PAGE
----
—Annette Gordon-Reed, author of The Hemingses of Monticello: An American Family

"Anyone who has ever felt compelled to force a tight smile, cast down your gaze, or make yourself small in the presence of authority needs to read this book. Such tactics, survival skills for...


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ISBN 9780812253399
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Featured Reviews

This book contributed to a deeper understanding of enslavement than any book I can think of. It's a profoundly personal book that hooked me on an intimate level; I didn't think that I would say that before reading, but this really is a great work of history that helps us to understand exactly how people on both sides of institution felt at the time, and how those feelings led to action. I say personal because you can't discuss emotions without thinking about the person, this is great history that is neither grand narrative nor case study. It is not psycho-history, either. I say intimate because it helps us connect to the individuals, their choices, their sufferings a bit more than we have before this history. We can never fully understand what it was like to be an enslaved person, yet this work helps the reader build historical empathy maybe more than any other book I have read. To truly understand and appreciate history, it's my personal view that empathy is the key. Dwyer does such a great job helping the reader to navigate just exactly what would have been going on in the minds of the time, and we come to realize that although circumstances are different, we all understand joy, pain, suffering, fear, anxiety, happiness. Those are the best connections we have to the past. I look forward to pulling in this research into my classes as I discuss the lives of enslaved people and the issue of the institution itself- without a doubt, my students will be able to understand it on a deeper level because as humans, our shared emotions transcend time periods.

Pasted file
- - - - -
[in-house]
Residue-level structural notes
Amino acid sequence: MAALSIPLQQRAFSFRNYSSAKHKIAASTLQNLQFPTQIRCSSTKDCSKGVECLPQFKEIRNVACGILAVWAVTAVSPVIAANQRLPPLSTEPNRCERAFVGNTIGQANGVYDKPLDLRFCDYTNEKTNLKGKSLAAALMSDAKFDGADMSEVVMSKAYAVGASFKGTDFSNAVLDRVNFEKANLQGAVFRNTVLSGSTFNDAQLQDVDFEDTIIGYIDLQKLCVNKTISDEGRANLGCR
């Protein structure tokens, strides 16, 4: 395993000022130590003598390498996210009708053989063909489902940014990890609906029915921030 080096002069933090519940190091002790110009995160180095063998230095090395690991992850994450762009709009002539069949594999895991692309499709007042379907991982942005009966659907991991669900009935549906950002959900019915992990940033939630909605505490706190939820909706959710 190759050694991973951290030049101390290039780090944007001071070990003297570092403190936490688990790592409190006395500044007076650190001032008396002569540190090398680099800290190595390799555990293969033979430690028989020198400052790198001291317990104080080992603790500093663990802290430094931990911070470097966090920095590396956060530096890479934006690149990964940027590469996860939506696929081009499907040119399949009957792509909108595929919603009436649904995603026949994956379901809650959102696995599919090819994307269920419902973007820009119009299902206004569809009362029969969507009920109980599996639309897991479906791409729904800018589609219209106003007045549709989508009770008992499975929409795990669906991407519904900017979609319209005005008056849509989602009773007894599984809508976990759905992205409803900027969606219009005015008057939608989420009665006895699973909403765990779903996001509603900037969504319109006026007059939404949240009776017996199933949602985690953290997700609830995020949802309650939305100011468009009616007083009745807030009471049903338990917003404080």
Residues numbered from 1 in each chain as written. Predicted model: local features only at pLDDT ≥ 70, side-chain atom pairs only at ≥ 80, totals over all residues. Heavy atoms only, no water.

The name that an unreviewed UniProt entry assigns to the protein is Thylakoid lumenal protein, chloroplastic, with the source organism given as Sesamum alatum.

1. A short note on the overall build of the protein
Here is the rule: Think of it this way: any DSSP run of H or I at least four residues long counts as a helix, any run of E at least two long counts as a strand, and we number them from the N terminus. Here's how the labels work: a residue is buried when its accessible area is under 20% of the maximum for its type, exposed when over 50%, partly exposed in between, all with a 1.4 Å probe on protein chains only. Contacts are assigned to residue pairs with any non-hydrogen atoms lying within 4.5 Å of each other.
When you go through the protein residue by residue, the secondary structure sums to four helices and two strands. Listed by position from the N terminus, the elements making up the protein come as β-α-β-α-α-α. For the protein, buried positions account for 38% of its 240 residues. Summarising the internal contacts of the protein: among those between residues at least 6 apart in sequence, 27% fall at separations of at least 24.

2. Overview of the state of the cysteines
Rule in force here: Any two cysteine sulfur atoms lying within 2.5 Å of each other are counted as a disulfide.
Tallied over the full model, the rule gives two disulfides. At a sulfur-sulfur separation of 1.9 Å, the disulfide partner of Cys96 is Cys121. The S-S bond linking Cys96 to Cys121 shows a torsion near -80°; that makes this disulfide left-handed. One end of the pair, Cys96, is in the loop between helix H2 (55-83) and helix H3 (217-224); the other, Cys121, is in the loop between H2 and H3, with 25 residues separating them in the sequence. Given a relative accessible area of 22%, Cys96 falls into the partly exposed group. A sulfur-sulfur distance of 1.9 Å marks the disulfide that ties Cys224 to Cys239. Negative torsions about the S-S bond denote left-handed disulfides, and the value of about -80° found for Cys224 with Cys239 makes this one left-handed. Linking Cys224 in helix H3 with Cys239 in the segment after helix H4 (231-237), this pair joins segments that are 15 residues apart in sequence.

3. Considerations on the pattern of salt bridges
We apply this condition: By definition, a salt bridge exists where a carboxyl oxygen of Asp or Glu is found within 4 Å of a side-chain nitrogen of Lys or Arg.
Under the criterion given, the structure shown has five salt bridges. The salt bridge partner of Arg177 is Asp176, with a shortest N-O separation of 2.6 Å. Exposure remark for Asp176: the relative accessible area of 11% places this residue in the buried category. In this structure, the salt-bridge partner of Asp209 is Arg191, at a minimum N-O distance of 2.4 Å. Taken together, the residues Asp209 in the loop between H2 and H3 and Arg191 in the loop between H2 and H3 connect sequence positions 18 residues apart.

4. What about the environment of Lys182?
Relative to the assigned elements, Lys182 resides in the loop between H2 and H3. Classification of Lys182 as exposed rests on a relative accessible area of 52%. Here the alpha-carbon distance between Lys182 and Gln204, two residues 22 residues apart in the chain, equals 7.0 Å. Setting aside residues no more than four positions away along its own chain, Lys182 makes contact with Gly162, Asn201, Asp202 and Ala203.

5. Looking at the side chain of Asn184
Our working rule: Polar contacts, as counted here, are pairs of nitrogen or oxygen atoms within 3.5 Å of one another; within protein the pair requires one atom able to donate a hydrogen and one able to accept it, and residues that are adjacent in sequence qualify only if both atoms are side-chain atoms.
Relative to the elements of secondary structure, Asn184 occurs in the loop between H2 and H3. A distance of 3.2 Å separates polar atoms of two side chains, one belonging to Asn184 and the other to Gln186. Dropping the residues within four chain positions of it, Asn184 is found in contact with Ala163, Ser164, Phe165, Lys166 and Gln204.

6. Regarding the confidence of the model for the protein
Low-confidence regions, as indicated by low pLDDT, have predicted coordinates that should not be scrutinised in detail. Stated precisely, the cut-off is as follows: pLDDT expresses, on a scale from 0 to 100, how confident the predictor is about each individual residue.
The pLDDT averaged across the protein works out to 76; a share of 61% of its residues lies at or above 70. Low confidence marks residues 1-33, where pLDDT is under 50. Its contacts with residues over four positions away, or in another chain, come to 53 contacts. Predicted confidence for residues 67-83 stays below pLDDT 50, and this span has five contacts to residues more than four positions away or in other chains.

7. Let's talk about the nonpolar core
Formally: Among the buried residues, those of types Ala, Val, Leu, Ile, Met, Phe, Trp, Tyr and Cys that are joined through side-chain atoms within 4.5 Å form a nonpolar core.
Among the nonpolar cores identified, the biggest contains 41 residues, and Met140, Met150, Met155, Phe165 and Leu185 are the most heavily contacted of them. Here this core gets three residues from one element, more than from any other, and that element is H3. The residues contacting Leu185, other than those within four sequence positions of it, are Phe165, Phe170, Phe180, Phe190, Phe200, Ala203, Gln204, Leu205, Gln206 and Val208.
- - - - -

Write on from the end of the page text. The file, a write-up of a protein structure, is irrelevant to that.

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19th-century US slavery with a focus on emotional meanings: ways in which enslaved people were punished for having negative emotions and slavery was justified by claiming that Black people didn’t feel pain the same way white people did; ways in which enslavers were supposed to be in control and ways in which they used their emotions to dominate, or attempted to dominate; etc. Because emotion is so central to all human behavior, this is another lens rather than an account that really introduces new material.